-A small exhibit featuring four additional books from the Collection is currently on display in the Mortimer Rare Book Room in Neilson Library from January 23rd to May 13th 2017-
The history of books is a long one complicated by social, economic, and political histories compounded with the aesthetic principals and structural demands of a book. Artists books emerged out of several veins of artistry and bibliophilic tendencies and brought forth hugely diverse products. Book objets, fine press, unique books, and livres d’artistes are merely a few categories that fall in the realm of, if not directly under, the artists book umbrella. Johanna Drucker argues that artists books are not generally found outside of the 20th and 21st centuries and really emerged around 1945 and developed rapidly thereafter. Hundreds of pages have been dedicated to discussing the purpose of artists books, their sustainability, their merits as works of art, their merits as books, their place within art movements, and if they deserve to be made at all. As their position within the art and book world is contentious, Drucker argues that the “final criteria for definition resides in the informed viewer, who has to determine the extent to which a book work makes integral use of the specific features of this form.” To do that one must establish what is vital to the physical and conceptual construction of the book itself. For instance, artists books can be studied in categories that focus on standout points: the book as object, the text as the focus, the paper and printing as focus, the way the form and subject push back against previously held conventions, and so forth. These questions, problems, and elements are best confronted with physical examples to study.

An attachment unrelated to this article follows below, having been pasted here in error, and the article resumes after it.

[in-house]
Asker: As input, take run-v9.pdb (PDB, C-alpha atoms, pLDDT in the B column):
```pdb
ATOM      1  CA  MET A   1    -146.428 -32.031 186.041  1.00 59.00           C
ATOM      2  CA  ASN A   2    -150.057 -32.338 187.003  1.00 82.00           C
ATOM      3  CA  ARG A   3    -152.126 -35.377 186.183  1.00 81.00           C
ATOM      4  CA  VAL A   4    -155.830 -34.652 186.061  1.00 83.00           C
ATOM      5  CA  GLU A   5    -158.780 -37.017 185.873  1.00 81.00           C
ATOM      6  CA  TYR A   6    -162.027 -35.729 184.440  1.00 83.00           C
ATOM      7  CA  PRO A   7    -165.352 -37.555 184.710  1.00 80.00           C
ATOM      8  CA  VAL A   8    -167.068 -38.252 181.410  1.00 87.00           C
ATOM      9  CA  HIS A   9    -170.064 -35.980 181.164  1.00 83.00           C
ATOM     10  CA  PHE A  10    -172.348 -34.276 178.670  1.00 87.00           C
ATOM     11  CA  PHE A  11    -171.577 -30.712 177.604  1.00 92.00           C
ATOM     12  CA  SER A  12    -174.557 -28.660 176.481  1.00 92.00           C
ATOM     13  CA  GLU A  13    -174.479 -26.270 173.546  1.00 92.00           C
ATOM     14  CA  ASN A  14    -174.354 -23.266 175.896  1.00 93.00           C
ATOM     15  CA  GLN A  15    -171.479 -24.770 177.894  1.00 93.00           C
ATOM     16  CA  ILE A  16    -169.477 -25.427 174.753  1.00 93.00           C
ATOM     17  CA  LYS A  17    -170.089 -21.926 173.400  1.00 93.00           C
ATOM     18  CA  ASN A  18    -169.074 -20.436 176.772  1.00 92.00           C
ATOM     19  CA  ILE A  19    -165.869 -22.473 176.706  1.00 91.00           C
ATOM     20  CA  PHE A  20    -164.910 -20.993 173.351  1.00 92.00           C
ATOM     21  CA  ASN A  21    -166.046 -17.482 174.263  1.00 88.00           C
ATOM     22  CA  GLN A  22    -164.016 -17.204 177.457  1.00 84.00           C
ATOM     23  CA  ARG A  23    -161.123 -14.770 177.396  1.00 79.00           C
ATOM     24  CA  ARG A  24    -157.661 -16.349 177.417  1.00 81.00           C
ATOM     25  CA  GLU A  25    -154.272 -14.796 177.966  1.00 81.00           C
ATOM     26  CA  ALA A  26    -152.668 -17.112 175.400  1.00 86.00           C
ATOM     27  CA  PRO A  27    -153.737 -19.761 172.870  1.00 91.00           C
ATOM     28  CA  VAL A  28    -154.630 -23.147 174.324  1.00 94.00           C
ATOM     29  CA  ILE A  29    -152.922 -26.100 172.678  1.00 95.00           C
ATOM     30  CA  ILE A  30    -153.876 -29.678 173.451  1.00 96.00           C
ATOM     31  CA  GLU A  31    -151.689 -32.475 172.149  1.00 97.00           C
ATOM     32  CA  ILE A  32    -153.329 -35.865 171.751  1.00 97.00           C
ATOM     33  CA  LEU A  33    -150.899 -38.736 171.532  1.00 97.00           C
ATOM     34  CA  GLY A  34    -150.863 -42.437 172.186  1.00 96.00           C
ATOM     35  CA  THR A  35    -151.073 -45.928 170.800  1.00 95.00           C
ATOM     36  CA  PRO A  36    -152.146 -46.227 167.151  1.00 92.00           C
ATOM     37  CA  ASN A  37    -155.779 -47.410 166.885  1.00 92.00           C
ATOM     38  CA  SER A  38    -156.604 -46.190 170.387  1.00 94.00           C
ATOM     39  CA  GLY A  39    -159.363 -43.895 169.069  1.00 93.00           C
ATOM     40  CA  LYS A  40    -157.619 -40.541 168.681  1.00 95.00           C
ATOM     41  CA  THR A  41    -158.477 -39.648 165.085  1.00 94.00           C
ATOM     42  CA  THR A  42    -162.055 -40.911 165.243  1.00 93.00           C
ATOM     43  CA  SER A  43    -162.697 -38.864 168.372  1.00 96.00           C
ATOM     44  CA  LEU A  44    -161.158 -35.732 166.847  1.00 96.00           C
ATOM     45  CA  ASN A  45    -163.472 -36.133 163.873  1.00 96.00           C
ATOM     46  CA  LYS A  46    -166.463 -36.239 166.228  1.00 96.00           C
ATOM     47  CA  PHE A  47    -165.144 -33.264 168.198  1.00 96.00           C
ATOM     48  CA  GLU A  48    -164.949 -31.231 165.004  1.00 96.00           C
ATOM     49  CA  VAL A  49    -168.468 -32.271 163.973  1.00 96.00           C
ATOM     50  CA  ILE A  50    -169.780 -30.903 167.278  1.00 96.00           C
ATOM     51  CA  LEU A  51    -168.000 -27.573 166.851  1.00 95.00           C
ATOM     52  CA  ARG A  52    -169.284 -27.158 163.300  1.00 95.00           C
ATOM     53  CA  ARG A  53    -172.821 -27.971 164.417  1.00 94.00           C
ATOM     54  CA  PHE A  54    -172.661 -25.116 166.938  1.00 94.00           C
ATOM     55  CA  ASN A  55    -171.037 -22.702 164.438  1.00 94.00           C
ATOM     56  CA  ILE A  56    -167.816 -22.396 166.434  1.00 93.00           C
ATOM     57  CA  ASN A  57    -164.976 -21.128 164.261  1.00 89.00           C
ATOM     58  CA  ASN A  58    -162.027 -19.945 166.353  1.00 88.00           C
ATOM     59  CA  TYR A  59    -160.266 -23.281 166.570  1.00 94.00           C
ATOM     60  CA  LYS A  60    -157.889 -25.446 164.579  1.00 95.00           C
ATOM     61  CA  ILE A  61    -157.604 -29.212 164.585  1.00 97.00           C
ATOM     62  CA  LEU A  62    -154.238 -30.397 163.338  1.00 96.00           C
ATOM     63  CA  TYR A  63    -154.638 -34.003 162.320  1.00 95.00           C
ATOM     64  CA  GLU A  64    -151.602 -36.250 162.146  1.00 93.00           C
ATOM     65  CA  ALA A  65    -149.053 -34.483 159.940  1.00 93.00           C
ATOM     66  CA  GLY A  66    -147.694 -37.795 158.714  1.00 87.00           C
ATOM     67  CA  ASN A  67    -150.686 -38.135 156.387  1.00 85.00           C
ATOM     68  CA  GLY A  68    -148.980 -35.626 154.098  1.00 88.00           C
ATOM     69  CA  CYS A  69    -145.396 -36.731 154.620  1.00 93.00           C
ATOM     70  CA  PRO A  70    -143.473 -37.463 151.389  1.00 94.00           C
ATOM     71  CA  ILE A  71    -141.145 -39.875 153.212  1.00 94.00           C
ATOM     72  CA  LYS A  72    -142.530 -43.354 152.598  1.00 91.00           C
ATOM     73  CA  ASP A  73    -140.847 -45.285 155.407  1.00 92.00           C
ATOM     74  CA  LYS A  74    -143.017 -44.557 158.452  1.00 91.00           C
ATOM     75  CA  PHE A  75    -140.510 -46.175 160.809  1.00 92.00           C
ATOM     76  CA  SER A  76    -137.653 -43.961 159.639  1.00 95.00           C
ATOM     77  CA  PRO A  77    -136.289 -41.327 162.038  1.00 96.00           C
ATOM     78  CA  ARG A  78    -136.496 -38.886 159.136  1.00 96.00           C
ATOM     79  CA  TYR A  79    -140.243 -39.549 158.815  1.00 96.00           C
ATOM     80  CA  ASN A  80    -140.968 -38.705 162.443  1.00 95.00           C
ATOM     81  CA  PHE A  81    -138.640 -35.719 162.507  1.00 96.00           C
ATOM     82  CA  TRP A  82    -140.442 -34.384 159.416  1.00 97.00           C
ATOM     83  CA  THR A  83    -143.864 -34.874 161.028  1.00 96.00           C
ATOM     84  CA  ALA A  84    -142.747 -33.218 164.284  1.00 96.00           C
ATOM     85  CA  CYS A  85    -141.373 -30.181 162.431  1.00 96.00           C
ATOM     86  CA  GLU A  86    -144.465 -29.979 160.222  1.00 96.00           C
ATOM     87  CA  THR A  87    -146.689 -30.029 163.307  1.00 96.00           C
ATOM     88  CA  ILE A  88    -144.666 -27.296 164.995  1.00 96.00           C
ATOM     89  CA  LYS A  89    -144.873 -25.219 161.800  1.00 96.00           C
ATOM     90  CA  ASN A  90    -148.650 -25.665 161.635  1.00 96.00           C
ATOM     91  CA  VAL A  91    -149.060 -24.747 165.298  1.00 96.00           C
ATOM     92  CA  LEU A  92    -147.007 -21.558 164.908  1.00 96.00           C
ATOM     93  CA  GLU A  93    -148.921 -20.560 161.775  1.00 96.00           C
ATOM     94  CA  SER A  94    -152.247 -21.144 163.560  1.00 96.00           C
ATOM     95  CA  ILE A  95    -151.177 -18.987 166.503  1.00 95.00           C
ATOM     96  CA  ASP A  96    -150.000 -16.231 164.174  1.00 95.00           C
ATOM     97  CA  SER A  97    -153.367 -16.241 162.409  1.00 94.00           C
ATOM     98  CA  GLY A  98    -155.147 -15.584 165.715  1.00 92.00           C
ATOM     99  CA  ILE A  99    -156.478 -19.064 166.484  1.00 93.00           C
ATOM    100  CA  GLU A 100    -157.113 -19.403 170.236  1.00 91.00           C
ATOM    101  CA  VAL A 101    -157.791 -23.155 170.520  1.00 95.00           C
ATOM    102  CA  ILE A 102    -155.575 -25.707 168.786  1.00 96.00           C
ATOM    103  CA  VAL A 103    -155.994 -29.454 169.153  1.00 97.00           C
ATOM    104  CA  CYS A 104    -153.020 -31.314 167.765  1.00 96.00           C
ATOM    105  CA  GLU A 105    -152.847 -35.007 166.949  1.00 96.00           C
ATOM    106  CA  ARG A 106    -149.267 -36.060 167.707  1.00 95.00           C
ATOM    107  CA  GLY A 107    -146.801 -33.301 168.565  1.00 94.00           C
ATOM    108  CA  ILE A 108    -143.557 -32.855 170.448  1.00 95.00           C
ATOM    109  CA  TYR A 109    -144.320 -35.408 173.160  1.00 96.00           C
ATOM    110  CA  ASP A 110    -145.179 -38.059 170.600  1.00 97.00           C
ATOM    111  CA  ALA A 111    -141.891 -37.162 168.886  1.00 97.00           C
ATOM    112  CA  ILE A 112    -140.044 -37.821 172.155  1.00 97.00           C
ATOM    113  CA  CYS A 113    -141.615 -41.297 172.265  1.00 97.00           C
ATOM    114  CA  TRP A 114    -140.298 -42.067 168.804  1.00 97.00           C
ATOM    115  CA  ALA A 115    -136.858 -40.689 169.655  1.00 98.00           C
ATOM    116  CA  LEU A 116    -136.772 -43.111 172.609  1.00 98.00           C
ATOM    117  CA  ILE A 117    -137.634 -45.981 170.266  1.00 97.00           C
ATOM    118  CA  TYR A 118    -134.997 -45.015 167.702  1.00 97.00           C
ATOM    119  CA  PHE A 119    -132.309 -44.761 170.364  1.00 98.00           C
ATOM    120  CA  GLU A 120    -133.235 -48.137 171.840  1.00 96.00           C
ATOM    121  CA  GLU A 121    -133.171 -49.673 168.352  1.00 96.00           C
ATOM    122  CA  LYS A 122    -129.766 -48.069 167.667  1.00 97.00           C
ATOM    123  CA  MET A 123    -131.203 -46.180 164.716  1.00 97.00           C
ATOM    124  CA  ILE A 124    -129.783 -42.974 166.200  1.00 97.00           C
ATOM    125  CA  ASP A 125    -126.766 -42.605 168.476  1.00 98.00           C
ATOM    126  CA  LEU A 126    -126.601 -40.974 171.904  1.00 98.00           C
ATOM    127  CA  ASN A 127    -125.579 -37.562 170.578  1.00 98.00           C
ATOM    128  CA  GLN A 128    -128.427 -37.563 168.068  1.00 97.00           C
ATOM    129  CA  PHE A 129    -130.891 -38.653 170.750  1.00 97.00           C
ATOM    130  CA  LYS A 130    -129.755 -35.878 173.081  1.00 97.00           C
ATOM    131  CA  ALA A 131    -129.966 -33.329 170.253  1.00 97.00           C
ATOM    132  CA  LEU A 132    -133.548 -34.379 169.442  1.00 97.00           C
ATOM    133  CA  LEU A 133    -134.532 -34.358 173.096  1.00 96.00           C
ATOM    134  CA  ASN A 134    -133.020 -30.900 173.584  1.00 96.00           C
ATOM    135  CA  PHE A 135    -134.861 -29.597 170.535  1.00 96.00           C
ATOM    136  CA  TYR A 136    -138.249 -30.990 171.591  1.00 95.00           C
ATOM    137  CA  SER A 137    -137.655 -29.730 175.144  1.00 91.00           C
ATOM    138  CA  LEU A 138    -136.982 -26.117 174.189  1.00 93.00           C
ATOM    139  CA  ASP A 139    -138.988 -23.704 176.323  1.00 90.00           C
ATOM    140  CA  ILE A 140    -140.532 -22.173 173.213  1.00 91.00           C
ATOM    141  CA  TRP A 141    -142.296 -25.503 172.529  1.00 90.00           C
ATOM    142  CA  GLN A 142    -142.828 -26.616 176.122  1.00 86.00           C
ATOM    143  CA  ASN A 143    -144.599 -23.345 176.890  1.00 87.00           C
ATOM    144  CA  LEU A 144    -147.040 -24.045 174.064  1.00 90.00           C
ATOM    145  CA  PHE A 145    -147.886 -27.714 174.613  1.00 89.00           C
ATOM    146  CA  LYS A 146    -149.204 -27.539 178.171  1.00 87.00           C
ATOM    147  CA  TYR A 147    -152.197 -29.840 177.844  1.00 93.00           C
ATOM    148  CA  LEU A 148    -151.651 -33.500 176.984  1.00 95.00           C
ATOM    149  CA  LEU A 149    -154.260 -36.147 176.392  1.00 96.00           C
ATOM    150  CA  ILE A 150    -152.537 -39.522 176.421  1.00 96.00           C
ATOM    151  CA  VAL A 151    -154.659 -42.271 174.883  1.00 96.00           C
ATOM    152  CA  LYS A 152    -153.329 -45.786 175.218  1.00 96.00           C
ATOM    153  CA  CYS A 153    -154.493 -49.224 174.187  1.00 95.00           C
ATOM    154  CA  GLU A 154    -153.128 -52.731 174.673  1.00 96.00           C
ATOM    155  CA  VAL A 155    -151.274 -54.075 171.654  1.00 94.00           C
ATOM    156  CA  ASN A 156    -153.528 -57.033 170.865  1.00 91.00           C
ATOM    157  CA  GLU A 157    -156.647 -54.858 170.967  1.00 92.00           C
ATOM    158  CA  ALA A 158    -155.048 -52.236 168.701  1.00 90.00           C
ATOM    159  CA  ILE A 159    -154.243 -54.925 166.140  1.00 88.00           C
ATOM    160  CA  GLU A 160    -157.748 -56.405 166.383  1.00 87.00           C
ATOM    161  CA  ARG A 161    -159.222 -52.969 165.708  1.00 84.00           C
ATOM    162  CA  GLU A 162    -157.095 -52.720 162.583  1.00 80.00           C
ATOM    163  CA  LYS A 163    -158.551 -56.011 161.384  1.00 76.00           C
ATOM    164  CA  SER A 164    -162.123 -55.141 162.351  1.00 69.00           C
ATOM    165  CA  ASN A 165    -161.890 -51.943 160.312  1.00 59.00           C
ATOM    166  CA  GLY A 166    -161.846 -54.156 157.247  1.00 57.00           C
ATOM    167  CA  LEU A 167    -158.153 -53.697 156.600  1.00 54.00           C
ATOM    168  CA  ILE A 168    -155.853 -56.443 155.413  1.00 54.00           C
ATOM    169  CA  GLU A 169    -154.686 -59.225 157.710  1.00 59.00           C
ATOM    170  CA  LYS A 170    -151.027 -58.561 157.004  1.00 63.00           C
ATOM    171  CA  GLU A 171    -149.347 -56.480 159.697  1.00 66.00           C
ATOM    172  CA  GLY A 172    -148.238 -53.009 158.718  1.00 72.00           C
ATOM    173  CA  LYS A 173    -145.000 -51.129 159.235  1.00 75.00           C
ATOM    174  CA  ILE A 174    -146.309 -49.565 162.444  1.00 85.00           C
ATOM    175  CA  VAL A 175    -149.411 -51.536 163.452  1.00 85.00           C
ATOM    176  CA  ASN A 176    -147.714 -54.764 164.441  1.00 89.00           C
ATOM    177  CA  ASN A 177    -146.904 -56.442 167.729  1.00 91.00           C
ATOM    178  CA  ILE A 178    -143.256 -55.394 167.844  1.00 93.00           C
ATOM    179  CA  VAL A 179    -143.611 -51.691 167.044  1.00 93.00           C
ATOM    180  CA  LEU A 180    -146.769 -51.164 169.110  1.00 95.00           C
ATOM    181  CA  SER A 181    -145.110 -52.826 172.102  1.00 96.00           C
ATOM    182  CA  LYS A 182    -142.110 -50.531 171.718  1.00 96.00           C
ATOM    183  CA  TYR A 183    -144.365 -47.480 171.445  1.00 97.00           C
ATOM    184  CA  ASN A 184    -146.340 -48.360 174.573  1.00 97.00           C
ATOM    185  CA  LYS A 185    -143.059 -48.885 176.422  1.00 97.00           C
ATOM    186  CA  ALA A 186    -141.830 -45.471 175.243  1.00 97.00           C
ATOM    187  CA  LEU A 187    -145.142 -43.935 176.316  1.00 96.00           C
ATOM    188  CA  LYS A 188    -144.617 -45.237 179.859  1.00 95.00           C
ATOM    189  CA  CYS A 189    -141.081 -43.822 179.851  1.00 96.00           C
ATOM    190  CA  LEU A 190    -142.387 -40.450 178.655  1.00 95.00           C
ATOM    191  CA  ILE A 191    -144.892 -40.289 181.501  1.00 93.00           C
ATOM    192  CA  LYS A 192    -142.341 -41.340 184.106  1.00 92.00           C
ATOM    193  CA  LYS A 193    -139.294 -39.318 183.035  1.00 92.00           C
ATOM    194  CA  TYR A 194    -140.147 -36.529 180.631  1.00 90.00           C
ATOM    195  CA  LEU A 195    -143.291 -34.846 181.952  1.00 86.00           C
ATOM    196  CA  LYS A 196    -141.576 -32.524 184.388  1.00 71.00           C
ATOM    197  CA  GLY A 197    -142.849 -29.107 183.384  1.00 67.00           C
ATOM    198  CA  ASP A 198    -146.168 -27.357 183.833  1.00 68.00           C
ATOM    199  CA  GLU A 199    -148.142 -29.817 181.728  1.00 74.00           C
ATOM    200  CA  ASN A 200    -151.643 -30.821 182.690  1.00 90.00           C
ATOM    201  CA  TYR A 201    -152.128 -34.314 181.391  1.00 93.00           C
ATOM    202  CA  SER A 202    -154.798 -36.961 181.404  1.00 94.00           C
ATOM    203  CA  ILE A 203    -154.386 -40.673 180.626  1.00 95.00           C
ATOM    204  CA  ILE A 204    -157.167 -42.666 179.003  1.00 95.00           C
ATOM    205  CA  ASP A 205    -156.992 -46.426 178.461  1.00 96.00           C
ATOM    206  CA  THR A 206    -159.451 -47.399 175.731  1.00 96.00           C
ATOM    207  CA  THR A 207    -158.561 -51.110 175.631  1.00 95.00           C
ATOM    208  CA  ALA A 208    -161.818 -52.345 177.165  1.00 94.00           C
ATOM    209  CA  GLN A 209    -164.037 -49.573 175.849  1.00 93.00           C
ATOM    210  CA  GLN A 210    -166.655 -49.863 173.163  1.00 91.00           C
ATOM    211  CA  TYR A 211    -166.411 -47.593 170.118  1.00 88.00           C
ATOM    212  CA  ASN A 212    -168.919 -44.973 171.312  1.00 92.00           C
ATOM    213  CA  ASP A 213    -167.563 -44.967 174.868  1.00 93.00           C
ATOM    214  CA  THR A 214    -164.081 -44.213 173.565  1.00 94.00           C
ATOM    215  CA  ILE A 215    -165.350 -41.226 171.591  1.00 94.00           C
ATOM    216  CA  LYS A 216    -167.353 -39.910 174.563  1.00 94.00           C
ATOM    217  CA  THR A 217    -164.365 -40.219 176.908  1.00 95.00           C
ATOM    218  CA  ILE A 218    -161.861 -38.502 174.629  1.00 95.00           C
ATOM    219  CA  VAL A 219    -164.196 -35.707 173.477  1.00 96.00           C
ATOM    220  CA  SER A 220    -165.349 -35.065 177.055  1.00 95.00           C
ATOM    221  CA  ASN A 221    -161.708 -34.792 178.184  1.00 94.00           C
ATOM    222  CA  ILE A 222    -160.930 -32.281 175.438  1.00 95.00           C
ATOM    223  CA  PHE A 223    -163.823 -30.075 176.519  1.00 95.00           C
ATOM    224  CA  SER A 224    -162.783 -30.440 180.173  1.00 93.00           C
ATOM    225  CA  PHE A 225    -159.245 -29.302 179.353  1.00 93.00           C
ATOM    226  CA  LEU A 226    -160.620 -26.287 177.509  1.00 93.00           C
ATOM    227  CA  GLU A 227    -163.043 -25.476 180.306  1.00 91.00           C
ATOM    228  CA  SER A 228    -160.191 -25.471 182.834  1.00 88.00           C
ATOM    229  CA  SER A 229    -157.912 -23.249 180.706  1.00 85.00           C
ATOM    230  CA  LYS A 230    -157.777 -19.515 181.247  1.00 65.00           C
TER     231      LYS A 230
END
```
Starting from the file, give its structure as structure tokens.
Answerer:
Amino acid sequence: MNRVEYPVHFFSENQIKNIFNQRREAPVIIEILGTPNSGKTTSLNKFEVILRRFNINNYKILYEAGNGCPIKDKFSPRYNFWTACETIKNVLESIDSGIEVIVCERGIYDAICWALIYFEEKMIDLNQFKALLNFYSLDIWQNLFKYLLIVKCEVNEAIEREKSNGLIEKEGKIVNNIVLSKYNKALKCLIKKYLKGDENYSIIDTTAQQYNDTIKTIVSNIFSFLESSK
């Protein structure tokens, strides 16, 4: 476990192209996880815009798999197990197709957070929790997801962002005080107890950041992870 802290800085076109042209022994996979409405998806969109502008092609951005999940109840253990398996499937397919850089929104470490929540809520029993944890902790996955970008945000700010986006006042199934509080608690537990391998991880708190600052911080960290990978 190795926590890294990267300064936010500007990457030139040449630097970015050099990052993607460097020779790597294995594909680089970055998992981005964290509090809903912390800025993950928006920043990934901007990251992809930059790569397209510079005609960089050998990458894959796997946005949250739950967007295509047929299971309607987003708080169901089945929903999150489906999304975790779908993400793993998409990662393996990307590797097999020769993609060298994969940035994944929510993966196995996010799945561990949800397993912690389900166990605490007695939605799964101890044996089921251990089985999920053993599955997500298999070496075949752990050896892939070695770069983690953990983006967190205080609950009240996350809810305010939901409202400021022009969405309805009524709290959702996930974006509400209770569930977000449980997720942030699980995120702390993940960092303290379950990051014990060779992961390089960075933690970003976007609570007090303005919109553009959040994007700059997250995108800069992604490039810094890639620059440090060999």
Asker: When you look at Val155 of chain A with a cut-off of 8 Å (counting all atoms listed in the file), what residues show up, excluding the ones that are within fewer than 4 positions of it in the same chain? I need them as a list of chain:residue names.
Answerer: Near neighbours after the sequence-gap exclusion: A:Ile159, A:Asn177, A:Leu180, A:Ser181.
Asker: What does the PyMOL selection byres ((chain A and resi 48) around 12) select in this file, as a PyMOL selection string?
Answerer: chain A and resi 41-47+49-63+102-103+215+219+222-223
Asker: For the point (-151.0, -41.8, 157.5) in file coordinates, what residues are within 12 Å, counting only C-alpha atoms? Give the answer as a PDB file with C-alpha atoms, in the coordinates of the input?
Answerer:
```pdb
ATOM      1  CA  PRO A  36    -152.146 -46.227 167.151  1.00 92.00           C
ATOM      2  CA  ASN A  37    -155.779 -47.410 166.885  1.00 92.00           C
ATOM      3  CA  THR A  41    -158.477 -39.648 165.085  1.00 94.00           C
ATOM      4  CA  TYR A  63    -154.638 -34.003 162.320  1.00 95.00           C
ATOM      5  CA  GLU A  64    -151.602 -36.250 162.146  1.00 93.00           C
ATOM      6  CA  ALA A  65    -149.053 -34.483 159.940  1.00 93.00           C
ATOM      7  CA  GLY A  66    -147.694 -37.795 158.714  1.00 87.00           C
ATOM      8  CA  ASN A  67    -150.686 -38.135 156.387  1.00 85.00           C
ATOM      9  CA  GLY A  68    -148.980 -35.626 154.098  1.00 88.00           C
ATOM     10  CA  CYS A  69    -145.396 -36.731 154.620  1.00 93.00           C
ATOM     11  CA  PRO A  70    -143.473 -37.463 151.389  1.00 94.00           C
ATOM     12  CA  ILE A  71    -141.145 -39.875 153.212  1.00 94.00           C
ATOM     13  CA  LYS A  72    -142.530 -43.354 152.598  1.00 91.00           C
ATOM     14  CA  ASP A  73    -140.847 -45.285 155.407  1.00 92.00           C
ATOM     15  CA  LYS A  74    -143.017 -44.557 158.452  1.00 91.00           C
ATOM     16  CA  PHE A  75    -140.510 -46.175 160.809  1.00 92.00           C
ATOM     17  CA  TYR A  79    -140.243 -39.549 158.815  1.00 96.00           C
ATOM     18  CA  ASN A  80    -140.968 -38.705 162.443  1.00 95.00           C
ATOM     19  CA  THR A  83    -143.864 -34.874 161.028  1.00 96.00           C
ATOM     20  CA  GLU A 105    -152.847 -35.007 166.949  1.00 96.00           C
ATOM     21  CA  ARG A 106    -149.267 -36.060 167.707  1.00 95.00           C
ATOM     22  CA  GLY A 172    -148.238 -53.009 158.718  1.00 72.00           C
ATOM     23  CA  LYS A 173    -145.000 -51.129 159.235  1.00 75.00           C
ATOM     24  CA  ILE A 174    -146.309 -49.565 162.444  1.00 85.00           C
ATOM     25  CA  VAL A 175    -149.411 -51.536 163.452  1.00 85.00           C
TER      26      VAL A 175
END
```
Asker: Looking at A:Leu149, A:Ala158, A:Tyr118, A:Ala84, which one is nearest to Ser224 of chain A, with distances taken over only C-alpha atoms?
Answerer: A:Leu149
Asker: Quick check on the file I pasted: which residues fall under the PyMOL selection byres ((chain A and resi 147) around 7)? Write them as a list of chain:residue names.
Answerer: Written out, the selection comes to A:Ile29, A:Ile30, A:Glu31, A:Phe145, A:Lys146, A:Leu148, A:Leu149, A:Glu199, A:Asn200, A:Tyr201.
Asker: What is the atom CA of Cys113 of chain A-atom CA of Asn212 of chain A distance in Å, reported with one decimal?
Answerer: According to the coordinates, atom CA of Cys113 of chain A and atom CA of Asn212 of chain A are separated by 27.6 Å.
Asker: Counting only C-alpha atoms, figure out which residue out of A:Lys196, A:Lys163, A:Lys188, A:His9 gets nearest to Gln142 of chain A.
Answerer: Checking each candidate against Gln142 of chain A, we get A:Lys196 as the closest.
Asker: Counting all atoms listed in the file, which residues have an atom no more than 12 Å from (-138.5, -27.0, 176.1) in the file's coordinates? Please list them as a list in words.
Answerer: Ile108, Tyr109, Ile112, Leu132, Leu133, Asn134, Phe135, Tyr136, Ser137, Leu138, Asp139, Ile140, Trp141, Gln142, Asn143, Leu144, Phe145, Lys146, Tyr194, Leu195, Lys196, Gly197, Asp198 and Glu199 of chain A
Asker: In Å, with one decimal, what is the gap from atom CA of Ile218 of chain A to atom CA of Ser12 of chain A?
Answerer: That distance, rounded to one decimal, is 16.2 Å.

The Smith College Mortimer Rare Book Room is home to an outstanding book arts collection which highlights modern fine press books in addition to more local productions with the McGrath Collection of Connecticut River Valley book arts. The Rare Book Room houses books that cover the breadth of the book arts with titles ranging from Henri Matisse’s Jazz and Pablo Picasso’s interpretation of Honoré de Balzac’s Le Chef-d’œuvre inconnu to Carolee Schneemann’s Vulvas Morphia and Xu Bing’s Dishu: cong dian dao dian or Book from the Ground.
Most recently the Mortimer Rare Book Room received a generous donation from Nancy Bloch of roughly 200 artists books. As noted by appraiser Priscilla Juvelis, distinctive books in the collection include Suzanne Moore’s Zero: Cypher of Infinity and Donald Glaister’s Brooklyn Bridge: A Love Song. The appraisal process is a necessity for all new acquisitions and relies on the appraiser’s knowledge and experience to determine the value of the items. The value may depend on the edition size, if the book is a deluxe edition or a standard release, if it is out of print and the length of time it has been out of print, and the popularity of the artist and binder.
Bloch was first introduced to books as collectible items because her father was a book collector, and she would go with him to auctions in New York City. Initially attracted by the beautiful bindings she saw at a young age, she went on to study bookbinding at the American Academy of Bookbinding in Telluride, CO. Maintaining her interest in fine binding and beautiful craftsmanship, Bloch began to collect books that caught her eye. Sometimes searching for a book but other times just happening upon one at a book sale or fair, the collection began to grow. From her collection it is clear that Bloch has the eye of a craftsperson: some books are delicate while others are bold, but all are created and constructed of beautiful works designed with intentional artistry.
The books selected for this project, a brief exploration of only four books, are stunning in both structure and content. The books were selected not because they adhere to a strict definition of what an artists book should be, but because they each explore what an artists book can be. Click on the titles at the top of each page to further explore the books.